Renegotiating French Identity: Musical Culture and Creativity in France during Vichy and the German Occupation.
Scholarship from various fields-including history, Vichy studies, sociology, and musicology-have concentrated on dissecting myths surrounding the occupation of France (1940-44), which fall into two generalities of
total collaboration or total resistance. The reality of the situation lies somewhere in the middle, as many individuals participated in resistance or collaboration in a variety of ways. Jane Fulcher's Renegotiating French Identity: Musical Culture and Creativity in France during Vichy and German Occupation expands on this conversation by closely examining the activity of several of the most prominent French musicians of the period. Focusing on the first two years of the occupation and trajectory of Vichy France into further collaboration, Fulcher analyzes how musicians reacted to the cultural policies of the Vichy regime and how they participated in the creation of a new national identity. Her aim is to demonstrate how musicians subjectively interpreted the policies and constraints of the regime to define their own identity and symbolically define the future of France.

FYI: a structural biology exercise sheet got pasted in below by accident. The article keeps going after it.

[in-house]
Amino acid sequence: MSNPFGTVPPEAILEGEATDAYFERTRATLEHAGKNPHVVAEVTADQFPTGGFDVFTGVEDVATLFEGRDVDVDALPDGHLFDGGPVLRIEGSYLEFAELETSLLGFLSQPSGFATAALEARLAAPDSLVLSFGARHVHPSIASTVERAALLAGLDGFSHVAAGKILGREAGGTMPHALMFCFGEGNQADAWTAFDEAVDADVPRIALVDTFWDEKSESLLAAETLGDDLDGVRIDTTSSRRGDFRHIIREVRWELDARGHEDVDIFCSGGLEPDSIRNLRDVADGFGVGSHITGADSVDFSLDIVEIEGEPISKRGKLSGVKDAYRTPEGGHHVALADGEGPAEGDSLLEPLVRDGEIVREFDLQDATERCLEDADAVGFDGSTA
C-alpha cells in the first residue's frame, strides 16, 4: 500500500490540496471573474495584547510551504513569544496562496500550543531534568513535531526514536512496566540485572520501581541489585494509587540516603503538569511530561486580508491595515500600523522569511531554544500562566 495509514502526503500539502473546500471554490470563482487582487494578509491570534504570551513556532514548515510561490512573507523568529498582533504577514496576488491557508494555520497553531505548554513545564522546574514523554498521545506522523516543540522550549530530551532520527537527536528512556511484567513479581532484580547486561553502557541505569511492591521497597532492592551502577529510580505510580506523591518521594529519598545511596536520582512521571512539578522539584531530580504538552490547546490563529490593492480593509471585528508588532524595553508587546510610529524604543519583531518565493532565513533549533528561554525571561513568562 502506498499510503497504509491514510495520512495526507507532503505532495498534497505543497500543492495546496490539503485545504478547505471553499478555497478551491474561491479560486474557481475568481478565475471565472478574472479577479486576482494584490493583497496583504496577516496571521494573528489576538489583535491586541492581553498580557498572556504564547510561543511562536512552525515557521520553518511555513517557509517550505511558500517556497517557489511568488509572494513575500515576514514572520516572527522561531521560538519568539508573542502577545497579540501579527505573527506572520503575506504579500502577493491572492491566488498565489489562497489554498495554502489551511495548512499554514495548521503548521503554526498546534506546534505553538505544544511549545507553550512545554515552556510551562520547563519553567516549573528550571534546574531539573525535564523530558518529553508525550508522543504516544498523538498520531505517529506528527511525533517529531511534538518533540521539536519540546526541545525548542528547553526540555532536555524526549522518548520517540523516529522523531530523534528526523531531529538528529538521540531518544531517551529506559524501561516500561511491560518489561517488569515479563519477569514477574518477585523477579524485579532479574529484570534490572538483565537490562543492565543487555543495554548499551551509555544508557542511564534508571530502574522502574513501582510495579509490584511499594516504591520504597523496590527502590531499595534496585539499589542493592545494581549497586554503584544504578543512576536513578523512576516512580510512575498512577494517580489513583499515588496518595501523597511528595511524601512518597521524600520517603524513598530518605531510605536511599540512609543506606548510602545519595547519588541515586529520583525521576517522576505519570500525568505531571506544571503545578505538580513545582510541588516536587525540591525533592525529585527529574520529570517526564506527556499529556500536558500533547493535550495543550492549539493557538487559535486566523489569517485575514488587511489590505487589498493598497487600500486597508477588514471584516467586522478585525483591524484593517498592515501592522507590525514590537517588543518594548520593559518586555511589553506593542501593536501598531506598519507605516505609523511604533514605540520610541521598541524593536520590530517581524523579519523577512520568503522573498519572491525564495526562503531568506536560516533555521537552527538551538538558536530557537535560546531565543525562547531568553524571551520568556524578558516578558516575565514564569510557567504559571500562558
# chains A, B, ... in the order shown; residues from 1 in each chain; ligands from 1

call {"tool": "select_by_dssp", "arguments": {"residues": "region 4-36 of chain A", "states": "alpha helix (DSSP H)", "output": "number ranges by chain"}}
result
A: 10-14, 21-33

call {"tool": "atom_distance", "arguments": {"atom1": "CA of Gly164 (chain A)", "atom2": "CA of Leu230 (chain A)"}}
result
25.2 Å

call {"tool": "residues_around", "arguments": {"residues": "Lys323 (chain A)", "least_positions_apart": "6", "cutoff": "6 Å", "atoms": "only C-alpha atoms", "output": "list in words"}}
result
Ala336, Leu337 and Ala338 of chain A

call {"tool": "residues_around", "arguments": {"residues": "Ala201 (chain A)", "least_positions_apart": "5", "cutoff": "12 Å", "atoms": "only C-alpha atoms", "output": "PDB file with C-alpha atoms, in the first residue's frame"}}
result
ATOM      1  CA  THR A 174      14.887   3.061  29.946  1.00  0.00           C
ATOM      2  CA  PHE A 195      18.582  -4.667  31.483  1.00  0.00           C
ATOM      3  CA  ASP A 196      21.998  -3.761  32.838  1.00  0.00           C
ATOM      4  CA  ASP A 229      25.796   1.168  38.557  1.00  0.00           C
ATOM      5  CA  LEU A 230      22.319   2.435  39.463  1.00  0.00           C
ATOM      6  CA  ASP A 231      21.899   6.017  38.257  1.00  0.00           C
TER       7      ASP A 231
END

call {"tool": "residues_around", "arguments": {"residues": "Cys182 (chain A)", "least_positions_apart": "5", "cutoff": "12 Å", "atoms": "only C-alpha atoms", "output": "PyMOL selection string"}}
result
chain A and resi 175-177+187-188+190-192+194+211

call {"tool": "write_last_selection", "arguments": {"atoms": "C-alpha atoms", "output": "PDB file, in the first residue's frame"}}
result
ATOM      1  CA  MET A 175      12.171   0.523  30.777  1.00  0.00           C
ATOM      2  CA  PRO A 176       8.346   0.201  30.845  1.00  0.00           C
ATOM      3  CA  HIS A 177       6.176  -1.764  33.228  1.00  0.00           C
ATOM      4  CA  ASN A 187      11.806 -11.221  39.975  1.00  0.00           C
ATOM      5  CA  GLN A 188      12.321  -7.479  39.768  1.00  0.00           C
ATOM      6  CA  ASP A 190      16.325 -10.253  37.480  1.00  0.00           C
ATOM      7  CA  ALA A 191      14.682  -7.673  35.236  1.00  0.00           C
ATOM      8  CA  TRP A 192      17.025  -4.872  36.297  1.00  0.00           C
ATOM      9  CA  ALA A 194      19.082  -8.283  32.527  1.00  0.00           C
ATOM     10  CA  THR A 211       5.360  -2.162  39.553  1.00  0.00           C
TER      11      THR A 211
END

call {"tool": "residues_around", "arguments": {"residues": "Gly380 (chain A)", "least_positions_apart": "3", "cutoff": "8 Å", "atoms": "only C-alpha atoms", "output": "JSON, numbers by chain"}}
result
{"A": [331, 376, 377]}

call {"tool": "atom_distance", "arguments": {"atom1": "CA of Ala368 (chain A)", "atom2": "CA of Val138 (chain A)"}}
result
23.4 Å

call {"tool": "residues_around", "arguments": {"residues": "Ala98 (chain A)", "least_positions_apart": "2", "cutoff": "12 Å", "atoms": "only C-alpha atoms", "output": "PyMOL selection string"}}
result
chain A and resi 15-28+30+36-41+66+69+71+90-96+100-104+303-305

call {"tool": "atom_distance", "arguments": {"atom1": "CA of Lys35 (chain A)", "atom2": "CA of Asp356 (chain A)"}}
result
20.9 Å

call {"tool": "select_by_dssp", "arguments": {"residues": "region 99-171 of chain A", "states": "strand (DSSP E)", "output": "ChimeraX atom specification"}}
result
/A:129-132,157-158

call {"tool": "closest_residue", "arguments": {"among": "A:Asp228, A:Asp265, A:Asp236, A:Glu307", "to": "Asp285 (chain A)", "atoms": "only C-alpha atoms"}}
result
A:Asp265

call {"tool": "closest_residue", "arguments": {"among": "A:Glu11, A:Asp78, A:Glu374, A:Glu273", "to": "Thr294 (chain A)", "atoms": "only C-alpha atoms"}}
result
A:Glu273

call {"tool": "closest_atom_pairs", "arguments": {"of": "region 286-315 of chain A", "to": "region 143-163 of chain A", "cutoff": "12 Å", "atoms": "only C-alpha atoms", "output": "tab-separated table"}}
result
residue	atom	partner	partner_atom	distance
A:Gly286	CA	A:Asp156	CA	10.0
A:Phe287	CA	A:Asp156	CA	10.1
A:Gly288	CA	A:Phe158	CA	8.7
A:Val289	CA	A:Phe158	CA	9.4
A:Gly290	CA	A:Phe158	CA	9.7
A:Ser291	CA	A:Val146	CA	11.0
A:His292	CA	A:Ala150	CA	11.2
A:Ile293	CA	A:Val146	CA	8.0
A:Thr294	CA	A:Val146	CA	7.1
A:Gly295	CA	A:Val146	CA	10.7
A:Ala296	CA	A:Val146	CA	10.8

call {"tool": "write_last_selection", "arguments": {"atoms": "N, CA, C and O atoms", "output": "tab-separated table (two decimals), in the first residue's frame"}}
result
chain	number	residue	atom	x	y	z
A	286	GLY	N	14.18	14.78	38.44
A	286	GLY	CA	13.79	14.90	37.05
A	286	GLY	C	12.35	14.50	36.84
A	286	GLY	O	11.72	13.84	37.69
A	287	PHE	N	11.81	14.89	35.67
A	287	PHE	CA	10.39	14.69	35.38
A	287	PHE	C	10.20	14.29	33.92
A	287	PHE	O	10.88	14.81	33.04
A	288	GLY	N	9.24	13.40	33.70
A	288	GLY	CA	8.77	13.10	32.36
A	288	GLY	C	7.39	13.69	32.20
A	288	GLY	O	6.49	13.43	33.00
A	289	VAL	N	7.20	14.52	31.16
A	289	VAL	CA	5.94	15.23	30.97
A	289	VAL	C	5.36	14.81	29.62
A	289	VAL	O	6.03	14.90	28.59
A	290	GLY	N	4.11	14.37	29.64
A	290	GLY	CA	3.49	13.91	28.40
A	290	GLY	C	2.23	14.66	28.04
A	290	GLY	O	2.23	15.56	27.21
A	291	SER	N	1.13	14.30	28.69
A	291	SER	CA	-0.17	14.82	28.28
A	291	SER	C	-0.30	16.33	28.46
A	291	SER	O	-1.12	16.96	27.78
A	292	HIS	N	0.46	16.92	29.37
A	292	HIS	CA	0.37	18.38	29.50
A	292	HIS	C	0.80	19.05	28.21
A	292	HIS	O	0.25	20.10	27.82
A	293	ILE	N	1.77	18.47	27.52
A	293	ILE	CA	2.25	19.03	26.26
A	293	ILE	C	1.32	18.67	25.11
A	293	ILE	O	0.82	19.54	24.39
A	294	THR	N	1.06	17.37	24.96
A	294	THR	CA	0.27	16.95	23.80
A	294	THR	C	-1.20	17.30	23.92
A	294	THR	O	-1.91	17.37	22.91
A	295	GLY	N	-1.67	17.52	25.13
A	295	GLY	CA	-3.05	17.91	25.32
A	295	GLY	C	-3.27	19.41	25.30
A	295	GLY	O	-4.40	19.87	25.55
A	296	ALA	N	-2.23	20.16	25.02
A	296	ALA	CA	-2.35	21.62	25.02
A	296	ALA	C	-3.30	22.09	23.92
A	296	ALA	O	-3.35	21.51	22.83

Fulcher divides the text into six chapters, beginning with an incredibly thorough and necessary historical background of Vichy's cultural policies and the developing relationship with Nazi Germany. One particularly helpful contribution she makes to Vichy studies is the term ultracollaborationist to describe particular actors within the Vichy regime (p. 31). Wary of creating a direct binary, scholars have been cautious in prescribing the terms collaborator or resistant to explain the activities of the French. Philippe Burrin posits that for the most part this binary was more of a continuum that people traversed across. By labeling some individuals as "ultracollaborationist," then, Fulcher delineates the very extreme of the collaboration side of this continuum, in which the person's political ideologies line up with that of fascist Nazi Germany. Outside of this, "collaboration" may apply to a variety of scenarios, from working within Vichy cultural institutions to actively supporting and furthering the mission of the new regime. With this in mind, Fulcher explores these degrees of collaboration in how the musicians and composers Roger Desormiere, Pierre Schaeffer, Arthur Honegger, Francis Poulenc, and Olivier Messiaen (chaps. 2-6, respectively) reacted and worked around Vichy's cultural policies.